States Briefed on Sustainable Nuclear Future
IAEA Leads Collaborative Project on Nuclear Technology
The International Project on Innovative Nuclear reactors and Fuel Cycles (INPRO) brings together technology holders and users so that they can consider jointly the international and national actions required for achieving desired innovations in nuclear reactors and fuel cycles. (Photo: G. Verlini/IAEA)
- Story Resources
- International Project on Innovative Nuclear Reactors and Fuel Cycles (INPRO)
- Department of Nuclear Energy
- “Sustainable Nuclear Energy”, IAEA Bulletin Vol. 51, Issue 1, September 2009 [pdf]
- Nuclear Power for the 21st Century, 16 April 2009
- In Focus: Nuclear Power - Status and Outlook
Member States were briefed yesterday on an IAEA project that helps nations chart their way forward in choosing innovative technologies when developing sustainable nuclear energy.
The International Project on Innovative Nuclear Reactors and Fuel Cycles (INPRO) brings together technology holders and users so that they can consider jointly the international and national actions required to achieve the desired innovation in nuclear reactors and fuel cycles.
Yury Sokolov, IAEA Deputy Director General of Nuclear Energy and INPRO Project Manager, opened the meeting by introducing the scope and goal of the project.
"INPRO is a partnership for dialogue and promoting innovation in a changing nuclear world, and one of the primary examples of successful international cooperation fostered by the IAEA," he said.
Randy Beatty, INPRO Group Leader, outlined the project´s vision and action plan, and welcomed Member States to join the activities and programs of the Project.
"Affiliation to the IAEA and active contribution to the project are the only requirements for membership," he said.
Representatives from four member states participating in INPRO then spoke of their countries´ experiences in the project.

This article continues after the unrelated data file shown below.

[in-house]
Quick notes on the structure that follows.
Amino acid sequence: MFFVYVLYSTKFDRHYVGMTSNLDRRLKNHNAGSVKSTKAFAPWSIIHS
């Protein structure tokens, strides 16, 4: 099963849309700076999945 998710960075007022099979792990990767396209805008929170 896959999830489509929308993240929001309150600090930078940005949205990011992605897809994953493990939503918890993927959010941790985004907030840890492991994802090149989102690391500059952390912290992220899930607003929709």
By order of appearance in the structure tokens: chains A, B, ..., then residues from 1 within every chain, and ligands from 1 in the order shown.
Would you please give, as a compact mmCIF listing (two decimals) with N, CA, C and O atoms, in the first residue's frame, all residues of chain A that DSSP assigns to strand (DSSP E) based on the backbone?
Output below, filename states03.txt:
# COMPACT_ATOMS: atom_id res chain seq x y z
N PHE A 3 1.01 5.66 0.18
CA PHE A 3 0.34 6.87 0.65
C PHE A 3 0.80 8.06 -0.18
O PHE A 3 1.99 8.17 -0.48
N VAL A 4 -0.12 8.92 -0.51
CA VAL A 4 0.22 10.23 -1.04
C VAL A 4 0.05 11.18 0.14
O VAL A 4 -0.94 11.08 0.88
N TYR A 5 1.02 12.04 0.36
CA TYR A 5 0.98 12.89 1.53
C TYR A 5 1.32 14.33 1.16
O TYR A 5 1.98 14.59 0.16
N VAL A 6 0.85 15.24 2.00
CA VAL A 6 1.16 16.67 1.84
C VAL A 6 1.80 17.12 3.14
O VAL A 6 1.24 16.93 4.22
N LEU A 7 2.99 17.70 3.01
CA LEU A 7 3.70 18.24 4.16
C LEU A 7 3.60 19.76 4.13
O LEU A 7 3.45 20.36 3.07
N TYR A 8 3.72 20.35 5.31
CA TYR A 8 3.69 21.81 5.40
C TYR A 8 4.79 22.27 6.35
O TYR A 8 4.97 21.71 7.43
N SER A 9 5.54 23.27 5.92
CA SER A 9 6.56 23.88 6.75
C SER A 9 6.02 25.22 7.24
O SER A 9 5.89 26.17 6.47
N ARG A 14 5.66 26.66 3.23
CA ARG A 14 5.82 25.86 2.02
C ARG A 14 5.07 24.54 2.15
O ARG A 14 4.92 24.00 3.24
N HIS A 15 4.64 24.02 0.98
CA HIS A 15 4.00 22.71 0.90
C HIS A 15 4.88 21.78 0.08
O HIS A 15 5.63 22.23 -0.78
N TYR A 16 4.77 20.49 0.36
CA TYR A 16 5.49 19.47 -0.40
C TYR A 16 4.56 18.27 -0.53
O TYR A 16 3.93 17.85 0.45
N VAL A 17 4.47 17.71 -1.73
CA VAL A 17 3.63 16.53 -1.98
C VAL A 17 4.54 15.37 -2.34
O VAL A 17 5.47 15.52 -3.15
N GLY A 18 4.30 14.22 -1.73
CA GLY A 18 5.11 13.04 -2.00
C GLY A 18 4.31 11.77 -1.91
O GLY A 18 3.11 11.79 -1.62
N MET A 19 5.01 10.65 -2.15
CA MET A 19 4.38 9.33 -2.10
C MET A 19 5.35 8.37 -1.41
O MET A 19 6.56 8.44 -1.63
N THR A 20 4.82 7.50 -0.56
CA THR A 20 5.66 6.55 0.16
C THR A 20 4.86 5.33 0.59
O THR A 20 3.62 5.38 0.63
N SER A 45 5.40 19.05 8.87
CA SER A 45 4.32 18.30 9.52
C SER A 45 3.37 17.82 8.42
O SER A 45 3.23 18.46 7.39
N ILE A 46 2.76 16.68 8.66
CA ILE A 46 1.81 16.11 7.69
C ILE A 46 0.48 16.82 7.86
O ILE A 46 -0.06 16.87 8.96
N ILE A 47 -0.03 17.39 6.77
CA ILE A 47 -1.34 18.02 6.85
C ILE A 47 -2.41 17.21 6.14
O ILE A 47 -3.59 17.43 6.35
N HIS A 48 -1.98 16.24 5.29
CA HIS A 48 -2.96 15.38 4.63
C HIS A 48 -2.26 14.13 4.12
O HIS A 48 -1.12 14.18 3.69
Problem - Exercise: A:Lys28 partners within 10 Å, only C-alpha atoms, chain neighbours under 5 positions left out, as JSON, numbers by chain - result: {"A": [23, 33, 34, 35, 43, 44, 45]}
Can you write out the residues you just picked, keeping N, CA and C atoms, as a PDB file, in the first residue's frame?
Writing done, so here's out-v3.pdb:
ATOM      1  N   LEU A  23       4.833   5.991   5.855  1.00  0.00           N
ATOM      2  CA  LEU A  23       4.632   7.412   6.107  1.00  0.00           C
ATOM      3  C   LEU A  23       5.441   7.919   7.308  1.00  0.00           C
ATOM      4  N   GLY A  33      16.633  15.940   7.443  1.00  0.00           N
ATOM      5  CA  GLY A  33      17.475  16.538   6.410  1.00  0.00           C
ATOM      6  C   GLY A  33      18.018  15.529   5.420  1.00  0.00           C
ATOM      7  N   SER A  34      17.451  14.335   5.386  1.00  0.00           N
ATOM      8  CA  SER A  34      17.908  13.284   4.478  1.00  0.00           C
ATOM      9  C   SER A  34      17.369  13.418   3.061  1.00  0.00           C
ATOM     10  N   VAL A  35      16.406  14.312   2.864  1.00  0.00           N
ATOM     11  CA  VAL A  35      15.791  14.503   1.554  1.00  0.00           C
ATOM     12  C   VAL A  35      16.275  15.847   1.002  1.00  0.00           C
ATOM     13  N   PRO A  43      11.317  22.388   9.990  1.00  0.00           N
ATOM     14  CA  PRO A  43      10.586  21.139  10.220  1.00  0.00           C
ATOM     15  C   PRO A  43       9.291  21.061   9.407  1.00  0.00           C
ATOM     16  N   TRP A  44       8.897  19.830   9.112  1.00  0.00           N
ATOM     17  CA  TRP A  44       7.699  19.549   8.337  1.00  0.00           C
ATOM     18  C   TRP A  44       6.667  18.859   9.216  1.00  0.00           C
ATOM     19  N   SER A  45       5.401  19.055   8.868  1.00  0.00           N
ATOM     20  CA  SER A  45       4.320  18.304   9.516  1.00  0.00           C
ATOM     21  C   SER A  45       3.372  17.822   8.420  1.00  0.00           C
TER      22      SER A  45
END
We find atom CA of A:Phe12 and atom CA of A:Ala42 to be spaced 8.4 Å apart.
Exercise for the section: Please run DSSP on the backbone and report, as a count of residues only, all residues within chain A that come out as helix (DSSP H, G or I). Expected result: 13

Srikumar Banerjee, Director of the Bhabha Atomic Research Centre (BARC), described how India contributed to the development and application of the INPRO methodology and provides leadership for several collaborative projects.
"The benefits arising from India´s INPRO membership include the broadening of its perspective, and the possibility to exchange information with the international community," he noted.
Mr. Banerjee then went on to outline the country´s project for an Advanced Heavy Water Reactor (AHWR) that would be ideally suited, he said, for the production of hydrogen, generation of electricity and desalinization.
David Tregunno, Director of External Relations at the Atomic Energy of Canada Ltd (AECL), spoke of the input INPRO gave to Canada´s strategic developments in research and development.
Alexander Bychkov, Director of Russia´s Research Institute of Atomic Reactors, counseled the nuclear sector to build fast reactors and close the fuel cycle from around the year 2020 to achieve a sustainable nuclear energy.
Finally, Hudi Hastowo, Chairman of Indonesia´s National Nuclear Energy Agency, offered a non-nuclear power country´s perspective on INPRO.
"Thanks to INPRO, Indonesia has established national guidance for the application and development of sustainable nuclear energy system in the country," he said.
The The International Project on Innovative Nuclear Reactors and Fuel Cycles, or INPRO, was established in 2001 in response to a resolution by the IAEA General Conference to help to ensure that nuclear energy is available to contribute, in a sustainable manner, to meeting the energy needs of the 21st century.
Currently, 31 countries are members of INPRO. The programme is funded almost entirely by voluntary contributions of its Member States.
See Story Resources for more information.